So I'd do the research, look for the risk factors that apply to your situation, and treat as many of them as you find convenient.


Seattle Pioneer
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I have been paying 16.00 a month for advantage for each animal( I have two) there must be a cheaper way.

My response must be filtered through your eyes, since so much is dependent upon what environment your pets are exposed to.

I live in NYC, and my dog is only walked on 'groomed' (cut weekly) grass. Advantage works for 3 months on fleas, but only 1 month for ticks. Since I never take my dog anywhere that ticks are, I usually only use the advantage every 3 mos, or every other month. I skip Jan and Feb entirely unless it is a very warm winter.

Just recently I told my vet I was doing this. He saw nothing wrong with it except that he suggested I use it every month only in the spring.

I saw from your profile that you are in NY, but I don't know what environment your pets are subject to. I once had a dog pick up a tick at a little league game on Long Island, where the grass around the side of the field was a little long.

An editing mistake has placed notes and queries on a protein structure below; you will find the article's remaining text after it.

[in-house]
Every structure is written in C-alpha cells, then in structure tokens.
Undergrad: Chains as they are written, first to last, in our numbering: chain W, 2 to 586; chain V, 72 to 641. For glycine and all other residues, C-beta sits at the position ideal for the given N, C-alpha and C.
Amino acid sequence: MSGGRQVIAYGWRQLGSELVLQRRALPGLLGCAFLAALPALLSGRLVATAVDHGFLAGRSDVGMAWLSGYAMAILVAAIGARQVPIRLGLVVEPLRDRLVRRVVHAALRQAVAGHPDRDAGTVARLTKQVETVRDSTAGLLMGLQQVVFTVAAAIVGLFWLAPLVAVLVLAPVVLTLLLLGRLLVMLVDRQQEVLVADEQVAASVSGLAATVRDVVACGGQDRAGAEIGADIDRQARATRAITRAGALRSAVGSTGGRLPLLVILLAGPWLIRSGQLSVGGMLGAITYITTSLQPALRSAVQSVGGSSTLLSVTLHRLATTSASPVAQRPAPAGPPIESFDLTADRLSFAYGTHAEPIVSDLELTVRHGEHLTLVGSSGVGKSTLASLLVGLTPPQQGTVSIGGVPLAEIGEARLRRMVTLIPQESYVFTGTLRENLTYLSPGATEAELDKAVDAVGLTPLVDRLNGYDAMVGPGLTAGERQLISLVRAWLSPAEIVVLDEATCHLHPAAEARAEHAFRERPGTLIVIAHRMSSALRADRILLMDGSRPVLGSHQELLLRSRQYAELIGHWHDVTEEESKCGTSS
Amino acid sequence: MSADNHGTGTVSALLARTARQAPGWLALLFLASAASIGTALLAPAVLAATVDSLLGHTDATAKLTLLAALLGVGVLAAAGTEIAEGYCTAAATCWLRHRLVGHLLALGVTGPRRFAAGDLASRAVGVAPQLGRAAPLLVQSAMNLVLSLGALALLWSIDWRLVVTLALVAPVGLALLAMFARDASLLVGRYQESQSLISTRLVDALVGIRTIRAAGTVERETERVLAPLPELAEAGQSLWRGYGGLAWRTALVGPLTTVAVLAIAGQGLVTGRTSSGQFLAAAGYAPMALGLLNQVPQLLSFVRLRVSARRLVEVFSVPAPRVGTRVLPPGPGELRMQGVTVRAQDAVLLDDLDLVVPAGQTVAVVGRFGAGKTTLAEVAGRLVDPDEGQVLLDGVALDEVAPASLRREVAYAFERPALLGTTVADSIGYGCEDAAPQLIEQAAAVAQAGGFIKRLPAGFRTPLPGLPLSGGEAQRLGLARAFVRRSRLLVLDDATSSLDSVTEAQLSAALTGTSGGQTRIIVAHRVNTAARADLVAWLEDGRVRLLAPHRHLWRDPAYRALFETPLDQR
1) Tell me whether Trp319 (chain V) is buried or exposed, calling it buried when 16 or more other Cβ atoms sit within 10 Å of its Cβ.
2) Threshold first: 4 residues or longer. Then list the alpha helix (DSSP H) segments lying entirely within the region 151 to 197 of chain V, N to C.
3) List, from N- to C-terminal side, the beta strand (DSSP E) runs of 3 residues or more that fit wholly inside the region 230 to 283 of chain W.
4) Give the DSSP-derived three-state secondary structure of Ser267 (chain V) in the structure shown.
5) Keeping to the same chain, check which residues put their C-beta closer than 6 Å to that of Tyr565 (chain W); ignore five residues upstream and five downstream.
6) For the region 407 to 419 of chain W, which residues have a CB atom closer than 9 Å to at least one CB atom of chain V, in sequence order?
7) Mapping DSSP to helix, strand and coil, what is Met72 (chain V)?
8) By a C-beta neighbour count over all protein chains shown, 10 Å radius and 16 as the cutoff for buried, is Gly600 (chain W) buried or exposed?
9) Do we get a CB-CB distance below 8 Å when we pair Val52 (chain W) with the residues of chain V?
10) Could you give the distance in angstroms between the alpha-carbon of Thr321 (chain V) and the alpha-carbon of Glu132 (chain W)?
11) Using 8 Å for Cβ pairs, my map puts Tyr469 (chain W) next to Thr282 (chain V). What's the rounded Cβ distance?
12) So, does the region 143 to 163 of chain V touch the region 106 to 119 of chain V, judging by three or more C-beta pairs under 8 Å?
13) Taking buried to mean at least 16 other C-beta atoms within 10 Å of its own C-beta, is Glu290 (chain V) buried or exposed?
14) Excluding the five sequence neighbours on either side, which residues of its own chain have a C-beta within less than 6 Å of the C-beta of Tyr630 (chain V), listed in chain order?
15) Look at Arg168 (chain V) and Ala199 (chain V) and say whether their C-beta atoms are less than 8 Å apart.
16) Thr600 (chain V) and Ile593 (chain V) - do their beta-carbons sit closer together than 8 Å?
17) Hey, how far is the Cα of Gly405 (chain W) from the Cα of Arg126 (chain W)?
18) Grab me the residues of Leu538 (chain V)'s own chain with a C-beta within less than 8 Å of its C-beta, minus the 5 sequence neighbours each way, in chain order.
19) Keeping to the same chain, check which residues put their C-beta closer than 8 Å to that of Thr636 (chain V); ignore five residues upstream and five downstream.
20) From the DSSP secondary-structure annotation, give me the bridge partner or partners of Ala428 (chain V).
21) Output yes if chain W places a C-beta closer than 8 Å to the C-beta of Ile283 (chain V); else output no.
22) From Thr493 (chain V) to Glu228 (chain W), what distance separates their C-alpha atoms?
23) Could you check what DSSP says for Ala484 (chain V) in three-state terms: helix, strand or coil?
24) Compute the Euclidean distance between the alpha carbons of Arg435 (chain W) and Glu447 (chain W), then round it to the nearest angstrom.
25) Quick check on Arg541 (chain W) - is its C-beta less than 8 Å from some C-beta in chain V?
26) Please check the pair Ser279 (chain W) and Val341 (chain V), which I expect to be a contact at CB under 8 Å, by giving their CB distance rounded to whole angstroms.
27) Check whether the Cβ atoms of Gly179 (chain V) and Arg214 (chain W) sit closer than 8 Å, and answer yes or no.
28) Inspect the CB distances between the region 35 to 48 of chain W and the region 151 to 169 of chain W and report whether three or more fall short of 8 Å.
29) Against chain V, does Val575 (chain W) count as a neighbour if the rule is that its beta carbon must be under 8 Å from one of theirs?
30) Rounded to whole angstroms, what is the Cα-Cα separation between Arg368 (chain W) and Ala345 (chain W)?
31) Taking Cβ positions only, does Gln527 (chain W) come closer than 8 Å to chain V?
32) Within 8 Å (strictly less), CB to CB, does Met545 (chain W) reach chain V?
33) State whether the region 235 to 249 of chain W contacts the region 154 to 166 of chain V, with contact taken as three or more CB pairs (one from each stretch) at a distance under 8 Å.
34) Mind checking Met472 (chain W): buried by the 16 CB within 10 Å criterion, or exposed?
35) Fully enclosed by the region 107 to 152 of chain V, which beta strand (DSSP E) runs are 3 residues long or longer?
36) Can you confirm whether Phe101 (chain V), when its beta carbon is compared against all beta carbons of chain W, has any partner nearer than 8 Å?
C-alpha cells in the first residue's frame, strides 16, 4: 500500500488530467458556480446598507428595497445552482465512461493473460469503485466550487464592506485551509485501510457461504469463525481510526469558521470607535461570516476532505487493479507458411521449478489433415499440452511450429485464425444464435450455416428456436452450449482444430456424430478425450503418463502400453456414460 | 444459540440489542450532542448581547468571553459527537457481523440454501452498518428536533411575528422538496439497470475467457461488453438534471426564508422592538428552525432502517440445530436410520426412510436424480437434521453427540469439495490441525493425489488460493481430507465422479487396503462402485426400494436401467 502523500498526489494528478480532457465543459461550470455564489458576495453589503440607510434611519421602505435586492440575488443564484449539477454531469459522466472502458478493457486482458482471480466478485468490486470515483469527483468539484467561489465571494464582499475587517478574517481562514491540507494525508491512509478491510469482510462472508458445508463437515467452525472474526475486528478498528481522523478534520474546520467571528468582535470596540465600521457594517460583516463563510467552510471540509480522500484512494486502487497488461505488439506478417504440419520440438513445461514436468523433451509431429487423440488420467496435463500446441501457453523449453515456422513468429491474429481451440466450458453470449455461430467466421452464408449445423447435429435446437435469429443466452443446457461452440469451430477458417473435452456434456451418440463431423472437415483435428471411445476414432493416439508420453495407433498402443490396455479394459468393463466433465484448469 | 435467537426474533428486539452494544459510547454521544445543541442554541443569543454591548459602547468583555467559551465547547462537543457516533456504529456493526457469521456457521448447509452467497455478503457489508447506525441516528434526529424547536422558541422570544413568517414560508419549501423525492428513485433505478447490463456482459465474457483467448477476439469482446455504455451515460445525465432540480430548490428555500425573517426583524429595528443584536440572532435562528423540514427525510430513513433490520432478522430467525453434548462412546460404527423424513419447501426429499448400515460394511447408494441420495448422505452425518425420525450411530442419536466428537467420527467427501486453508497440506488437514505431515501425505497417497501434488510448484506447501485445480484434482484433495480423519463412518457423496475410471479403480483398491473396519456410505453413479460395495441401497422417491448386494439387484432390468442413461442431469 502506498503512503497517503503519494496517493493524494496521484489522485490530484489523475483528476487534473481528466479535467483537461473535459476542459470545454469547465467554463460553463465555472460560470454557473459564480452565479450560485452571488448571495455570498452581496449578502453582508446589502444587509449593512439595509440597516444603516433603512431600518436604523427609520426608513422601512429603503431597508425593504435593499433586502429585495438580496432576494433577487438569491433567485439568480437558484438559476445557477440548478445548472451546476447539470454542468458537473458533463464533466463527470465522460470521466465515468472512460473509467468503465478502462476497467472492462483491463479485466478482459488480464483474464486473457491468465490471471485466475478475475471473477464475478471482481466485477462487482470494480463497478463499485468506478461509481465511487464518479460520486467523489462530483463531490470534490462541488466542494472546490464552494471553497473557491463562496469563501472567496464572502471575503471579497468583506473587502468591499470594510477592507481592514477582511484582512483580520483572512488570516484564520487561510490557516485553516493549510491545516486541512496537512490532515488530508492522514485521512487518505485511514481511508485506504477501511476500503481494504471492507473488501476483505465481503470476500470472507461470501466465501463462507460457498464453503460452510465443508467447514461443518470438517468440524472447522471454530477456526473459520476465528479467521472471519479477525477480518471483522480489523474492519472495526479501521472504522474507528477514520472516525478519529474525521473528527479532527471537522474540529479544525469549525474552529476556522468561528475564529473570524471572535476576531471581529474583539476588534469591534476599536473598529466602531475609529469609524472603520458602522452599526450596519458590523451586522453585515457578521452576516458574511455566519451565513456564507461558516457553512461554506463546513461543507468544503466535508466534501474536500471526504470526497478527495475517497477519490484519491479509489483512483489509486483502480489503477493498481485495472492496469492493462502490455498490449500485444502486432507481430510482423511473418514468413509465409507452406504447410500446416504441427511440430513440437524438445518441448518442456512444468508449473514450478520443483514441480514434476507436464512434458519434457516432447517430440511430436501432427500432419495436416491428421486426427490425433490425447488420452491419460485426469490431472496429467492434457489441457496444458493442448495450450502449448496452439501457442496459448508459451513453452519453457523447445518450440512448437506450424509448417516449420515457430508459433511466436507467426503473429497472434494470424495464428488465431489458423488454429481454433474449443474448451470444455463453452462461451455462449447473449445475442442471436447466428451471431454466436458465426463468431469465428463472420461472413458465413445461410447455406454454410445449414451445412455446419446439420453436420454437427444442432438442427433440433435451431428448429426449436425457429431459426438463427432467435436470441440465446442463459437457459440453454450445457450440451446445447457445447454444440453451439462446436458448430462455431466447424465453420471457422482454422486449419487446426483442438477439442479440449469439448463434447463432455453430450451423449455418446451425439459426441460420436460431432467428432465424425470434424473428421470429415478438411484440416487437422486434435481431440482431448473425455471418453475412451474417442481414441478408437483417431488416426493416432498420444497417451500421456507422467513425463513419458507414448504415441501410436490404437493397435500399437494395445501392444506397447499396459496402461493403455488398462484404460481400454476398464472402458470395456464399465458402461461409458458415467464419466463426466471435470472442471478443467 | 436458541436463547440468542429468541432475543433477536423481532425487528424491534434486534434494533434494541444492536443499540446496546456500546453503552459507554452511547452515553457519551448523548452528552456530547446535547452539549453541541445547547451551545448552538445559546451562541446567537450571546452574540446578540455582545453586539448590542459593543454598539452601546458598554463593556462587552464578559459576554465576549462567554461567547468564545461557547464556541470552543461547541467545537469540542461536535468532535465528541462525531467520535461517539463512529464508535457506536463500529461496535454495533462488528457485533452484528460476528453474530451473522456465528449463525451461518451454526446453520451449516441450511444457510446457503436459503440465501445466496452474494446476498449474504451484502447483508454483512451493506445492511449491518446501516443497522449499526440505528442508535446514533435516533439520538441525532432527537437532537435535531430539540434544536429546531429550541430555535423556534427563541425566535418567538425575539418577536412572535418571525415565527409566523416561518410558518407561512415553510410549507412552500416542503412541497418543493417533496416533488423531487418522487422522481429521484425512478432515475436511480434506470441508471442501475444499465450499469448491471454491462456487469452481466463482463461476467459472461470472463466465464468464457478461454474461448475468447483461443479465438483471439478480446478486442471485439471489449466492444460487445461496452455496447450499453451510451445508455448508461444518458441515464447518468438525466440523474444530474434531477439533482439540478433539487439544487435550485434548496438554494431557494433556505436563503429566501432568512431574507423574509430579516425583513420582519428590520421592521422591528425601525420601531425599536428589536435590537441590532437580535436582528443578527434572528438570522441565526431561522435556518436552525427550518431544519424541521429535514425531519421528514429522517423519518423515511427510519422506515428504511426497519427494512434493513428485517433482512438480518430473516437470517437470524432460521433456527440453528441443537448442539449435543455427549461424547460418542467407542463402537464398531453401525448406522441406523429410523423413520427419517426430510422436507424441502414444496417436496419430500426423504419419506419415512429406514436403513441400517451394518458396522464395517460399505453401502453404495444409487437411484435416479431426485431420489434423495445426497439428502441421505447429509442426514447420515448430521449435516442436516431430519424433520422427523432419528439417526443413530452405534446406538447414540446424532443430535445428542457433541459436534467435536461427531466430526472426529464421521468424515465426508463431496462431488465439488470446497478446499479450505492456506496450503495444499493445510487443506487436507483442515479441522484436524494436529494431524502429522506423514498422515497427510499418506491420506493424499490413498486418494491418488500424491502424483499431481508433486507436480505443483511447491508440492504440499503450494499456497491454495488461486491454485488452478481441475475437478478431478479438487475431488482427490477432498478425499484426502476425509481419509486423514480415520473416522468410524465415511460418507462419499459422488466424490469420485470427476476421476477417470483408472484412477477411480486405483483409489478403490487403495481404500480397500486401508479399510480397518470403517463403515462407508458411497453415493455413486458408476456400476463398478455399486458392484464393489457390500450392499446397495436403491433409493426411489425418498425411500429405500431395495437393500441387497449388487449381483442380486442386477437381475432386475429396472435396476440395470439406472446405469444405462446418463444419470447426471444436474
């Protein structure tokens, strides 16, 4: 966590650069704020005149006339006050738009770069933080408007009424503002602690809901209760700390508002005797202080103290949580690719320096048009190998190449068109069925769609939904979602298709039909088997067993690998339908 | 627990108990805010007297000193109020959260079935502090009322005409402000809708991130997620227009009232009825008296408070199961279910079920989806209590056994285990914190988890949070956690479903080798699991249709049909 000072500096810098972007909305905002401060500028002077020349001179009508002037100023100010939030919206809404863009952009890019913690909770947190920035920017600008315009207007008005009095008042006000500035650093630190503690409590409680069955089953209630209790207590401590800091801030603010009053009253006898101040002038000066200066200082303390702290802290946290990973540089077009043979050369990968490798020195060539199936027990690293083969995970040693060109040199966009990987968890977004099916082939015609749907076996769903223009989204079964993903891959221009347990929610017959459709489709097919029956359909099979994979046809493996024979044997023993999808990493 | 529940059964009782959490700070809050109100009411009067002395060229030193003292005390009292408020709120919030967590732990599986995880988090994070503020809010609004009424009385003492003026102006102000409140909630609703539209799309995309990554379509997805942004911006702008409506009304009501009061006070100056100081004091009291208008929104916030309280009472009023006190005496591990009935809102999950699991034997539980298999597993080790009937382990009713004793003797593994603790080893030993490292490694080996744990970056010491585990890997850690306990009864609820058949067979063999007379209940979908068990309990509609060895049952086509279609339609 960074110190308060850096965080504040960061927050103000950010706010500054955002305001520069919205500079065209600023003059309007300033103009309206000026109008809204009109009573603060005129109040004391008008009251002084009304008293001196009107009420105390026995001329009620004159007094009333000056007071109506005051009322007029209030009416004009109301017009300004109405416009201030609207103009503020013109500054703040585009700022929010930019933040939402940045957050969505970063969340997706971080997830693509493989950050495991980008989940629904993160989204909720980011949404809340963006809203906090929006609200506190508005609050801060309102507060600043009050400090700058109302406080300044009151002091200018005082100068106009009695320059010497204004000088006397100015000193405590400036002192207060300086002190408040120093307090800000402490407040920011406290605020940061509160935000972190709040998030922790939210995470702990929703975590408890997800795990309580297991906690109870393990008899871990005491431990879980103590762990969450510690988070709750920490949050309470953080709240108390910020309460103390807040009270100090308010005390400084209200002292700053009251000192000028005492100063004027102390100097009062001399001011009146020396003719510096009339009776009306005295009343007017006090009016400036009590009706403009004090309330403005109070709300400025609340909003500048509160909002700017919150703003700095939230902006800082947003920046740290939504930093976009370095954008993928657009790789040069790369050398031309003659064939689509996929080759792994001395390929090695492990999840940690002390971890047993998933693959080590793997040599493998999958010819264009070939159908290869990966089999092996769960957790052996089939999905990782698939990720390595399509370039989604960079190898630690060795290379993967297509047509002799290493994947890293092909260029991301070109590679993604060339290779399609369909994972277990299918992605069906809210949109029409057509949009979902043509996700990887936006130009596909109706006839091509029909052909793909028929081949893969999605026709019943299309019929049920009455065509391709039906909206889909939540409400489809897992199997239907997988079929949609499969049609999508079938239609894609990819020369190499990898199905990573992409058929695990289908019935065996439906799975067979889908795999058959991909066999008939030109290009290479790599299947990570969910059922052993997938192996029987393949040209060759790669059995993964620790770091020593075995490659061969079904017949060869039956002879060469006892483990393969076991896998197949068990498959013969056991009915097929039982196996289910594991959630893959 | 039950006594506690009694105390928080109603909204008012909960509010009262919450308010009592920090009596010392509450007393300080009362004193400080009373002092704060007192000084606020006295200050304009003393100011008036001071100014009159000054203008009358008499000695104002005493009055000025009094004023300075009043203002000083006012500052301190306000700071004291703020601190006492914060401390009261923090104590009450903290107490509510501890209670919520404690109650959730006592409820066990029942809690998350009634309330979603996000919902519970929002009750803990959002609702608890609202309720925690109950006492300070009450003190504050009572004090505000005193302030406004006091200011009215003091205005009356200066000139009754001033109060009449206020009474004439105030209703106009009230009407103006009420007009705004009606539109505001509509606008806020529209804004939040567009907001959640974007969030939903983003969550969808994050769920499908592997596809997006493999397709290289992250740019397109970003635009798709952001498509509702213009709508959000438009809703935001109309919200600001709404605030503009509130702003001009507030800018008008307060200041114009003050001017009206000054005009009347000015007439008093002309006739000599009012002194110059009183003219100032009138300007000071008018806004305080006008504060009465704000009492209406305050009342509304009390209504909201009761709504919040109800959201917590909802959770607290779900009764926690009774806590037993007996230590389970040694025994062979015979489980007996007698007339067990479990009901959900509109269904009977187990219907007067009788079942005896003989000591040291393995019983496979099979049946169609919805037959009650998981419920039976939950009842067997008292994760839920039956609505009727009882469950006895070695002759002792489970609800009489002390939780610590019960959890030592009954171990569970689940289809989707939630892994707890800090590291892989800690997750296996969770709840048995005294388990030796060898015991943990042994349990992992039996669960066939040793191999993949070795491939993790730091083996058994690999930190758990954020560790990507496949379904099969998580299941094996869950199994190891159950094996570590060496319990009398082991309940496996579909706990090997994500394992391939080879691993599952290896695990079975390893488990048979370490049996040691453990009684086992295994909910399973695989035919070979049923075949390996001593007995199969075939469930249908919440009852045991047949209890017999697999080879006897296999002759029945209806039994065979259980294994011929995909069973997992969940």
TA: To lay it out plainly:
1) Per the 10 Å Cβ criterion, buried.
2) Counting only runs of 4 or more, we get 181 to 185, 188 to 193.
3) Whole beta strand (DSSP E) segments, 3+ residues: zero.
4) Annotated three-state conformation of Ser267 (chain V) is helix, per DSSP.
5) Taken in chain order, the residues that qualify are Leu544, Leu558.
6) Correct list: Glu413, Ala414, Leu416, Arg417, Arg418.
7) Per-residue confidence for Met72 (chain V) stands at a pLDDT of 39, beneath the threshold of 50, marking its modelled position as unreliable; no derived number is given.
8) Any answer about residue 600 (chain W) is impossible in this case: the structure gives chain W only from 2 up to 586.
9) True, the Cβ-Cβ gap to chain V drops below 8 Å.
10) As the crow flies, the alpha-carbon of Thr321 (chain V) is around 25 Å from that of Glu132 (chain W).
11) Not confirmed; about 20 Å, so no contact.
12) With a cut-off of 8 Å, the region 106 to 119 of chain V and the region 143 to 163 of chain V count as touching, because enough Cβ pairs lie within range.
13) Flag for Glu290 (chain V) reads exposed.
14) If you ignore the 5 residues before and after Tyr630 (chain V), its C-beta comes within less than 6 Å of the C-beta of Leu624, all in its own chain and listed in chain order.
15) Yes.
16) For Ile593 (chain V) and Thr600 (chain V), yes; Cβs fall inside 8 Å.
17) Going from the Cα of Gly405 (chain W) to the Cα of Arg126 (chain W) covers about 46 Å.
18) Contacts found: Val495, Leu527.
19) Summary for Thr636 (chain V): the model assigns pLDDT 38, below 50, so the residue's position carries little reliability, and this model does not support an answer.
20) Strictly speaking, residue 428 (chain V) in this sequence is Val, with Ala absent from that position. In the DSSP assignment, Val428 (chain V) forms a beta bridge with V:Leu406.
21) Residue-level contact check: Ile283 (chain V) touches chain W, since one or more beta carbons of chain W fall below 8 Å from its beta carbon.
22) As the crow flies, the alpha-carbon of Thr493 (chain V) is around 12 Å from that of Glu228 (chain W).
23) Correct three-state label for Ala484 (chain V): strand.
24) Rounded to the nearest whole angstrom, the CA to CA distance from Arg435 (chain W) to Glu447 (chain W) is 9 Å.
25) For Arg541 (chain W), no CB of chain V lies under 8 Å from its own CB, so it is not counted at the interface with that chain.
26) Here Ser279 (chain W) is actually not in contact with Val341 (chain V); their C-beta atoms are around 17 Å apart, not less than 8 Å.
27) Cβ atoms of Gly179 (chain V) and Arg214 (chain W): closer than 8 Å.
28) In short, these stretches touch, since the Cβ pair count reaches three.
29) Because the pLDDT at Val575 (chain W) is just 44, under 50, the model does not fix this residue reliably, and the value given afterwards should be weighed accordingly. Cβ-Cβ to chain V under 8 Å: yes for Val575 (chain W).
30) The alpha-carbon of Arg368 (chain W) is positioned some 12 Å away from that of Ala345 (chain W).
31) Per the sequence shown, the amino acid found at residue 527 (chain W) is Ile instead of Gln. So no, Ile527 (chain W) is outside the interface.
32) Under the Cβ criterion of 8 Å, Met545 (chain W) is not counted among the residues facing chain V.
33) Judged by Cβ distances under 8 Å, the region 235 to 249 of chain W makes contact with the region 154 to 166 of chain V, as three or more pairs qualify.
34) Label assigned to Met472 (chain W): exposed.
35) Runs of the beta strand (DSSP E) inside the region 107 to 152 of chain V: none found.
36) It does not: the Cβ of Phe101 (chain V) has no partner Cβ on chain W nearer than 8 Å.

In short, if they're indoor pets, or only exposed to well-manicured lawns, you could almost certainly get away with usage every other month, but if even just one is allowed to roam outside at will, once a month is probably mandatory for both.

Having lived in Florida I found that flea collars, powders, sprays or the less expensive 'pet shop' treatments are totally ineffective.

And what are others feeding their dogs and cats that don't cost so much. Thanks.

I never feed my dog canned food because it is more expensive and completely unnecessary. A good dry food like Iams or Eukanuba have just about all the nutrition any pet needs. I stay away from the 'grocery store' brands like Purina, etc., because they are just not as good (I've been told by both vets and pro trainers and breeders). I have also tried pricier foods like Science Diet and other 'organic' brands and noticed absolutely no difference in my dog's health.